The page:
Published 12:27 pm Wednesday, September 21, 2016

Mind your own business (MYOB) is a direct request to respect others privacy, to not interfere or meddle in their affairs.

MYOB was printed on the first official cent coin, designed by Ben Franklin in 1787 for the U.S. It also was a very popular country western song by Reba McEntire and Hank Williams Jr. How many times have you felt like telling others to not pry nor inflict their opinions or give you advice? In other words, just MYOB.

Exactly what is your business? As I reflect upon this, there are four types of business: my business, your business, our business and community business. Now let’s define each type:

1. Community business — This is when the affairs of many affect the highest good of all concerned, an example of this was when a group of concerned citizens, which included James Gregory Sr., came together to advocate for a traffic stop light at Crafton’s Gate. It resulted in a traffic stop light to be installed at this intersection by the Virginia Department of Transportation. This will allow many lives to be saved and help to prevent fewer accidents at that dangerous intersection.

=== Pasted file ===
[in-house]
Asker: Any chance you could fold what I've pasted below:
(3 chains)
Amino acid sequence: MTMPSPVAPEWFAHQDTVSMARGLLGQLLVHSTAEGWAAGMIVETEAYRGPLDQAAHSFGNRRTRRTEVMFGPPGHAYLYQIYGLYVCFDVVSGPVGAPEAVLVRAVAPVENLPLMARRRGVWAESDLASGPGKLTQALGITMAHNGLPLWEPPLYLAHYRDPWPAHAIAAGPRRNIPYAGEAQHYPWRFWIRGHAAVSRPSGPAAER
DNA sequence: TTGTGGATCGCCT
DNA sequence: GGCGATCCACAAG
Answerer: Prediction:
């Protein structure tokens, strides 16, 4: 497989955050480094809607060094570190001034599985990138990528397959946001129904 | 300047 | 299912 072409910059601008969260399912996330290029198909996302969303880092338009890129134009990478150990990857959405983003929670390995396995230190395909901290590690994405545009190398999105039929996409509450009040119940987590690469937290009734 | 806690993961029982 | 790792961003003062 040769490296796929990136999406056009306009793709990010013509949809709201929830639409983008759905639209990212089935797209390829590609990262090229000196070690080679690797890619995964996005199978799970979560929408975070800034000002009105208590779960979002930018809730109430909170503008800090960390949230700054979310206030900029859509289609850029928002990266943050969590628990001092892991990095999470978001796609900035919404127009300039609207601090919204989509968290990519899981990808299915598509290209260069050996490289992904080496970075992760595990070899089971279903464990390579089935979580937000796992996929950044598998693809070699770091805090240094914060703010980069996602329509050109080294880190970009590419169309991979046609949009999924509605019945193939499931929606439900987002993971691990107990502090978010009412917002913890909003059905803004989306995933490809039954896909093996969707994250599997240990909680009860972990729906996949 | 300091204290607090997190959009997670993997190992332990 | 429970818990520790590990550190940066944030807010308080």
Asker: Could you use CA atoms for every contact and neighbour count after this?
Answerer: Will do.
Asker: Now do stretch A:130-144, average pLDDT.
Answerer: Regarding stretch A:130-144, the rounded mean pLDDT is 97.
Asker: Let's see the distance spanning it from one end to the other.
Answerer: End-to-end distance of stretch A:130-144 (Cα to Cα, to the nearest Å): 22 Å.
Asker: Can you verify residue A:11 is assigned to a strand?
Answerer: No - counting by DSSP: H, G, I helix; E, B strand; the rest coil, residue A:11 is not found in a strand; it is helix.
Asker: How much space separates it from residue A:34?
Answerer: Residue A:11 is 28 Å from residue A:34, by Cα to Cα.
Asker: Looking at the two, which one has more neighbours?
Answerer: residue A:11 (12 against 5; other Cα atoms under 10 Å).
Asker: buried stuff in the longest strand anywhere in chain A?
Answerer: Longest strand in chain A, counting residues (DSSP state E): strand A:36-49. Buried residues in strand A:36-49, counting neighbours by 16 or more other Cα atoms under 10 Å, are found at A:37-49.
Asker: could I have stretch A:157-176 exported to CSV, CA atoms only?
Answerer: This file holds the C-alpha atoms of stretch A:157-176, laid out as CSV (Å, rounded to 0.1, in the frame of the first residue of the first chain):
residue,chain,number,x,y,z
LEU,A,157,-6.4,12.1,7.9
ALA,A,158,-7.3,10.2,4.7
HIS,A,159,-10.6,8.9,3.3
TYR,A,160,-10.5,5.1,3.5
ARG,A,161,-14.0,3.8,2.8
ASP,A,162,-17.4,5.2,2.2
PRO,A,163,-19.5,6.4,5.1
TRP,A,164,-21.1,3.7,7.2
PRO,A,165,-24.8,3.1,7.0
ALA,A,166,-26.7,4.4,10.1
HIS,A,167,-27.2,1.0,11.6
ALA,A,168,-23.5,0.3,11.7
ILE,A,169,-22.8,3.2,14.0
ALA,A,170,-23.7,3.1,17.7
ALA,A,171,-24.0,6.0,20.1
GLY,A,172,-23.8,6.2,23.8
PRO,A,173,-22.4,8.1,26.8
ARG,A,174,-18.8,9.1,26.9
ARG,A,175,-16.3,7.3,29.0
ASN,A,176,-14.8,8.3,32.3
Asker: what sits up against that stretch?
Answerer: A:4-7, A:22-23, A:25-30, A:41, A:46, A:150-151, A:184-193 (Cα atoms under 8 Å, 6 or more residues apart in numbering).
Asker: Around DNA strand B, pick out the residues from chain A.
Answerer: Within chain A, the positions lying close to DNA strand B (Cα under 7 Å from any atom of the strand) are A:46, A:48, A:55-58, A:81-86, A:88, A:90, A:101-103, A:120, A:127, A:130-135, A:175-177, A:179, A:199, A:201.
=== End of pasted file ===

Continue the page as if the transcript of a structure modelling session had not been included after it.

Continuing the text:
2. Our business — When you and another person are engaged in a friendship, partnership, married or romantically involved. This is also applicable to business deals and financial institutions. What transpires become “our business” only.

3. Your business — This is what happens in your affairs, your life, both personally and professionally.

4. My business — This is what happens in my affairs, my life, both professionally and personally.

So, when someone tells you to “butt out,” “keep your nose out of my affairs” or even “to stay in your lane,” they have the right to do so. Here are some practical ways to MYOB:

1. Do not offer unsolicited advice.

2. Do not use shame, guilt or manipulation to get the other person to do what you want.

3. Remember, it is not important to comment on everything.

4. Listen! Listen with an open heart! Listen with a nonjudgmental mind.

5. Do not offer gossip about another person.

6. Do not pretend to have all the answers.

7. Do not try to fix, change or please the people involved.

8. Do not boss the other person around.

The most important thing to remember in all of this is to remember to see the face of God in all human beings, no matter what. And to show them love, respect, acceptance, kindness and compassion.

So the next time you feel compelled to direct other people’s affairs, allow the Creator to guide your thoughts, your words and all of your own affairs. We all have an internal GPS and when we attune it to divine guidance, we will be Positively Inspired to “MYOB.”

Yemaja Jubilee is a Charlotte County native and author. She can be contacted at